According to Lee, their wedding was exactly the way it should be. "God keeps sending us naked people, but we keep sending him people that are all dressed," he lamented. "One of these days we'll get it."

By the way, NM ignored all the news about a German airline with naked flights because (1) it's been done before and (2) it's just plain (plane?) stupid.

Wednesday, February 13, 2008

Be It Every So Naked...

Nudity in the home

Nothing so divides families as the issue of nakedness, says Marianne Kavanagh

The Telegraph (U.K.)

February 9, 2008

Outside the home, families tend to behave with a certain conformity. But behind closed doors, there is no such thing as standard behaviour. Some families keep guinea pigs. Others eat Marmite. Some watch The Vicar of Dibley. But no habit splits the nation so dramatically as nudity.

Some of us wander quite happily about in nothing but our birthday suits. Others view nakedness as a brief but necessary state between, say, a bath and pyjamas. But all of us have quite distinct opinions about whether or not we are comfortable stripping off in front of our children.

"I see it as my duty," says a friend, "to remind my teenage sons that this is what women really look like. It's no good them growing up thinking we all look like those airbrushed pictures in magazines." Others wouldn't dream of being seen in the buff, grabbing towels and dressing-gowns to cover the relevant dangly bits.

"It's purely practical," says one father. "Spend any time naked in our house and you'd freeze to death." Some change their habits as the children grow older. You share a bath with your baby and happily strip off in front of your toddler, but find yourself becoming increasingly modest once your child goes to school.

It's hard to rise above direct comments about a Rubenesque shape. "Mummy," said a friend's five-year-old admiringly as her mother left the bath, "what a big bottom!" "I think I cover up more now that the children are teenagers," says another mum, "but that's more for their sake than mine.

I don't tend to bother about being naked in the bedroom, because that's my domain."

"It's quite useful if I'm upstairs wrapping birthday presents," says Katie. "My 13-year-old hates seeing me naked, so I just shout 'No clothes on!' and I can hear him scuttling back down the stairs." If you're going to let it all hang out, you need a positive body image. Gravity takes its toll, after all, and the more mature human form seems to benefit from a little support. Perhaps this is what was behind the leaked email from Jeremy Paxman, presenter of BBC2's Newsnight, to Marks & Spencer boss Sir Stuart Rose. Complaining about M&S underwear, Paxman wrote of the "widespread gusset anxiety" among his friends.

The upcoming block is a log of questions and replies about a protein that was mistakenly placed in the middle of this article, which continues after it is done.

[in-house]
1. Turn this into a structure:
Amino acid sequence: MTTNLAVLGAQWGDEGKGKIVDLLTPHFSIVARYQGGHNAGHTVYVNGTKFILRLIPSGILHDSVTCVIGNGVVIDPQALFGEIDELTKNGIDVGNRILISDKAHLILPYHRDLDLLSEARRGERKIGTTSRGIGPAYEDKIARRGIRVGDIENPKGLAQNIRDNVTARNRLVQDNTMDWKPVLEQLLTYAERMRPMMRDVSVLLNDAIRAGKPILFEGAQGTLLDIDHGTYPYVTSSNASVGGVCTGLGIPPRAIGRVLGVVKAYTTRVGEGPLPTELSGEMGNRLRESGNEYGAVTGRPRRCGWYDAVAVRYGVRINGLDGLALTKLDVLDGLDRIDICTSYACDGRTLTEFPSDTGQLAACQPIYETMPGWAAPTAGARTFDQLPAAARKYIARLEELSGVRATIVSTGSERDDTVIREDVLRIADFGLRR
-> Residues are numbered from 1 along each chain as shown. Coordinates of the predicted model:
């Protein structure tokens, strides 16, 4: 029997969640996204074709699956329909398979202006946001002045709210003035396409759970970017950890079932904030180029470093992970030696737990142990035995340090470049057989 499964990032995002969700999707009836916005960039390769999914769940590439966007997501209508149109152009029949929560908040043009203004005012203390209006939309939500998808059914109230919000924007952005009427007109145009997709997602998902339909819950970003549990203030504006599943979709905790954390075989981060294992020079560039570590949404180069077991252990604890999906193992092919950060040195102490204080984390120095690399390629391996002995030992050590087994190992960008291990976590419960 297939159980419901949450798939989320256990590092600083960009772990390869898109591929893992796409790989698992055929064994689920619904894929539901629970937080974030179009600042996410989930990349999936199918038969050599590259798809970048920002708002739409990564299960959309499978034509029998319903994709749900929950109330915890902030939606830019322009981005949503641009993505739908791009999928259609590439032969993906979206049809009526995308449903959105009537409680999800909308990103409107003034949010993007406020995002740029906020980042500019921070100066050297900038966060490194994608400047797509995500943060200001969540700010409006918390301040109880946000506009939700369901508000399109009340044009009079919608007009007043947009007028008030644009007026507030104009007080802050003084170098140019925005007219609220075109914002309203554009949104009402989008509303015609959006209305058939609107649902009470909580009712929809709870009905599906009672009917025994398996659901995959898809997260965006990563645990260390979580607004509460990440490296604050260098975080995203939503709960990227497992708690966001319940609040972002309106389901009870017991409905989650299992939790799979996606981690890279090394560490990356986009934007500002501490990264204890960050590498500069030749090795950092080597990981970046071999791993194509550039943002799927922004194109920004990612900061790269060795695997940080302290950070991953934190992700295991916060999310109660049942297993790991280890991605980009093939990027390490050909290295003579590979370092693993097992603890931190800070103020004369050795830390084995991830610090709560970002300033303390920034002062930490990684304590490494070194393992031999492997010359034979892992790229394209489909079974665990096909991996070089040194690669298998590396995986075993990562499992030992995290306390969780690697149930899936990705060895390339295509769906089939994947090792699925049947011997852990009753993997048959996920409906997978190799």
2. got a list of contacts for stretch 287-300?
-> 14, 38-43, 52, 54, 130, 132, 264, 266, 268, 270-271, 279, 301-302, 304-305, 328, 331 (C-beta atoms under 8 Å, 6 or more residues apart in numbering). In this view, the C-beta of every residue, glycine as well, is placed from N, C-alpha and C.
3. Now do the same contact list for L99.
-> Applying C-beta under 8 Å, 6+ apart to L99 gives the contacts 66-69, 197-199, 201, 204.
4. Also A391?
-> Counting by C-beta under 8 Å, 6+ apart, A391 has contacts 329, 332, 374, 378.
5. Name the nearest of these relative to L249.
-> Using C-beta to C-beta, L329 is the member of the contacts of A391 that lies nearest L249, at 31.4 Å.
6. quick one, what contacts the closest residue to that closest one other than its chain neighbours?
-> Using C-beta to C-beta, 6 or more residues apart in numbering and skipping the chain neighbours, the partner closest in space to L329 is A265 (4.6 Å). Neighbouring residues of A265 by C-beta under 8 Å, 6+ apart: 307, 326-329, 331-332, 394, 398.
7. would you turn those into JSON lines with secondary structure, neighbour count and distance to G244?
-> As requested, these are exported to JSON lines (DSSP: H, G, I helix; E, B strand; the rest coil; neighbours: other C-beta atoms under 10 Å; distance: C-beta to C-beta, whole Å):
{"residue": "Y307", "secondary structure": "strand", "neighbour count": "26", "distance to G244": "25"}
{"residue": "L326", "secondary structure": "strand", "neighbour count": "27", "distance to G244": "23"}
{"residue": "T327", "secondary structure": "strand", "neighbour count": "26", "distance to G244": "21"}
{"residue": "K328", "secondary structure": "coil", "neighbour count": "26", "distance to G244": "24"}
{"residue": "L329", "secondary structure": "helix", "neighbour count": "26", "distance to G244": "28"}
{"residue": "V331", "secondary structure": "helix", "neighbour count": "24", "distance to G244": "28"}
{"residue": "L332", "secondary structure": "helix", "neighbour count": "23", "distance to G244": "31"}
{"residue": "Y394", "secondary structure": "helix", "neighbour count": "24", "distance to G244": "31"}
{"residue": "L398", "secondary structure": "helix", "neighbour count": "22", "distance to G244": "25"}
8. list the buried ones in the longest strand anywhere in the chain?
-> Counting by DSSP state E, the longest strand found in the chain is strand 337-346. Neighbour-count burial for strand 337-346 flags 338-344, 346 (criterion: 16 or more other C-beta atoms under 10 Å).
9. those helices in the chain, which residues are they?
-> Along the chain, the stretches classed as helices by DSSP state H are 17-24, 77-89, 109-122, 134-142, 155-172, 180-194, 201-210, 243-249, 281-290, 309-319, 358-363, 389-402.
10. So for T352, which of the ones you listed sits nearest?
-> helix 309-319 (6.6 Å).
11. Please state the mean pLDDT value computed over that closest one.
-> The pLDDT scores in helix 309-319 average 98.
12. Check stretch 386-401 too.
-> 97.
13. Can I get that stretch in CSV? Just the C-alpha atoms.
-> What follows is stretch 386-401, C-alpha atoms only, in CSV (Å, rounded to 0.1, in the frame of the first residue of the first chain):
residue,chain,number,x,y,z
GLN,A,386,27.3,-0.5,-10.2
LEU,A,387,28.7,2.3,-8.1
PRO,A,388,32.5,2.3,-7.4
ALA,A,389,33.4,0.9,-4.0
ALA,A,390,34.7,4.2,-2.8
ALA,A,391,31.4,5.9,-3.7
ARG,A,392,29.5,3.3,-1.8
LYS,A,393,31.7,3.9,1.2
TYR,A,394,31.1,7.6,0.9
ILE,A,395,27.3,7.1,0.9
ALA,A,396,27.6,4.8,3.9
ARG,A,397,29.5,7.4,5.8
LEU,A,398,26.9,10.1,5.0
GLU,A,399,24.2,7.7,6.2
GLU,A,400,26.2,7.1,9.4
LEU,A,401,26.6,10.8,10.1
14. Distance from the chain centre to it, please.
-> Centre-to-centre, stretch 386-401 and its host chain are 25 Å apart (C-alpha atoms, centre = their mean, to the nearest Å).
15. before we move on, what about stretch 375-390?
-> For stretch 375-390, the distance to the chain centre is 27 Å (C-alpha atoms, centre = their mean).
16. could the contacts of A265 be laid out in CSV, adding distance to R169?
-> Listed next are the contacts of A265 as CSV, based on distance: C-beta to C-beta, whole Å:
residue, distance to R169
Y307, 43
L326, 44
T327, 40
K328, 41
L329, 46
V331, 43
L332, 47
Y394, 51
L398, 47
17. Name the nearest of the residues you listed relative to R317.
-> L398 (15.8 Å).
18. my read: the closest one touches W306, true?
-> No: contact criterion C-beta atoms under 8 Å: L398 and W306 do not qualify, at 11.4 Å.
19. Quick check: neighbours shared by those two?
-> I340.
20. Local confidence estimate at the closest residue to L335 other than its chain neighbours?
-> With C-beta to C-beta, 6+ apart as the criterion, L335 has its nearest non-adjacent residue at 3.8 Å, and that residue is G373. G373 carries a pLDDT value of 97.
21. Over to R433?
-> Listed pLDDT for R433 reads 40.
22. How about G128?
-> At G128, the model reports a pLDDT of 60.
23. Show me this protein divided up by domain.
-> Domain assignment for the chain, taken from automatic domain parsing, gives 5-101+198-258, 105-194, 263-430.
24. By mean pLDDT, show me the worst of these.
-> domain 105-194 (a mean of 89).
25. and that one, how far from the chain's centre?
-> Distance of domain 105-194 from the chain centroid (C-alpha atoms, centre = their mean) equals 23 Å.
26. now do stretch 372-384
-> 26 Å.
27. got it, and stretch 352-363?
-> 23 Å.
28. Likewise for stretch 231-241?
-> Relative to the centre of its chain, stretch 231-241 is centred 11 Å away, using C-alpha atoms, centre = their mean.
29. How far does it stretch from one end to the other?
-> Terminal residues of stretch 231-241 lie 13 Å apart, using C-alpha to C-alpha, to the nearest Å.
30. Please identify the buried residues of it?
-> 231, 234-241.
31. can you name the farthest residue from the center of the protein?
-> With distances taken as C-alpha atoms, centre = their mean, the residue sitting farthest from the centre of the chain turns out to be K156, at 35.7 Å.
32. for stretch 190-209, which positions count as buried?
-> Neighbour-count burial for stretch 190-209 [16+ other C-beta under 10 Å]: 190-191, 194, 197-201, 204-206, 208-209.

"I think nudity depends on whether your house has a lot of mirrors," says Louisa. "I didn't mind drifting about naked in my 20s, but nowadays I come across a full-length mirror and think, 'Bloody hell!'"

It's probably easier for mothers to strip off in front of their daughters, and fathers in front of their sons - it is, after all, a division we're used to from the days we eased our shivering children back into their clothes at the swimming pool. But the solidarity encountered when one sex heavily outnumbers the other can be alarming.

One father, who works away from home during the week, comes back to his wife and four daughters on Friday night and feels hopelessly out of place. "He keeps asking, rather desperately, 'Is that appropriate? ' because we're all wandering about naked," says his wife fondly. "But we don't take any notice of him."

If you find the idea of nudity in the home troubling, it may be because your parents were buttoned, braced and belted. We seem to pass on our ideas about nakedness to the next generation.

"When I was growing up," says a friend whose daughters quite happily sit about without a stitch on, "you couldn't lock yourself away modestly in the bathroom because the rest of the family would hammer on the door, shouting, 'What are you doing in there?'"

You might, on the other hand, decide to turn your back on a naturist upbringing. One friend, who feels in retrospect that her parents were complete exhibitionists, keeps nudity at home to a minimum.

"Be sensitive to your child's feelings," says Suzie Hayman, trustee of the national charity ParentlinePlus. "Young children are very free and easy, but most go through a modest phase after attending nursery school. Teenagers can find it very embarrassing if their parents are prancing about in the nude because of the whole idea of the opposite sex." Be sensitive, but also positive.

As Hayman says: "What's most important is to pass on the idea that 'My body is OK' and 'Whatever I am is fine', because the opposite message is so very harmful." In these days of cosmetic surgery and airbrushed pictures, you can't emphasise too much that bodies come in all shapes and sizes. But don't feel you have to strip off to prove it. After all, as TS Eliot once nearly said, your children might not be able to bear that much reality.

The bare essentials:

Reasons to go nude

• It's natural

• It's the best way to clean the shower

• Fake tan dries more easily

• You don't need to buy dressing-gowns

Reasons to cover up

• It saves on heating bills

• You might embarrass the children

• Clothes express personality

Mobile phones take pictures these days

Source: http://www.telegrap n/main.jhtml? xml=/education/ 2008/02/09/ enakedness109. xml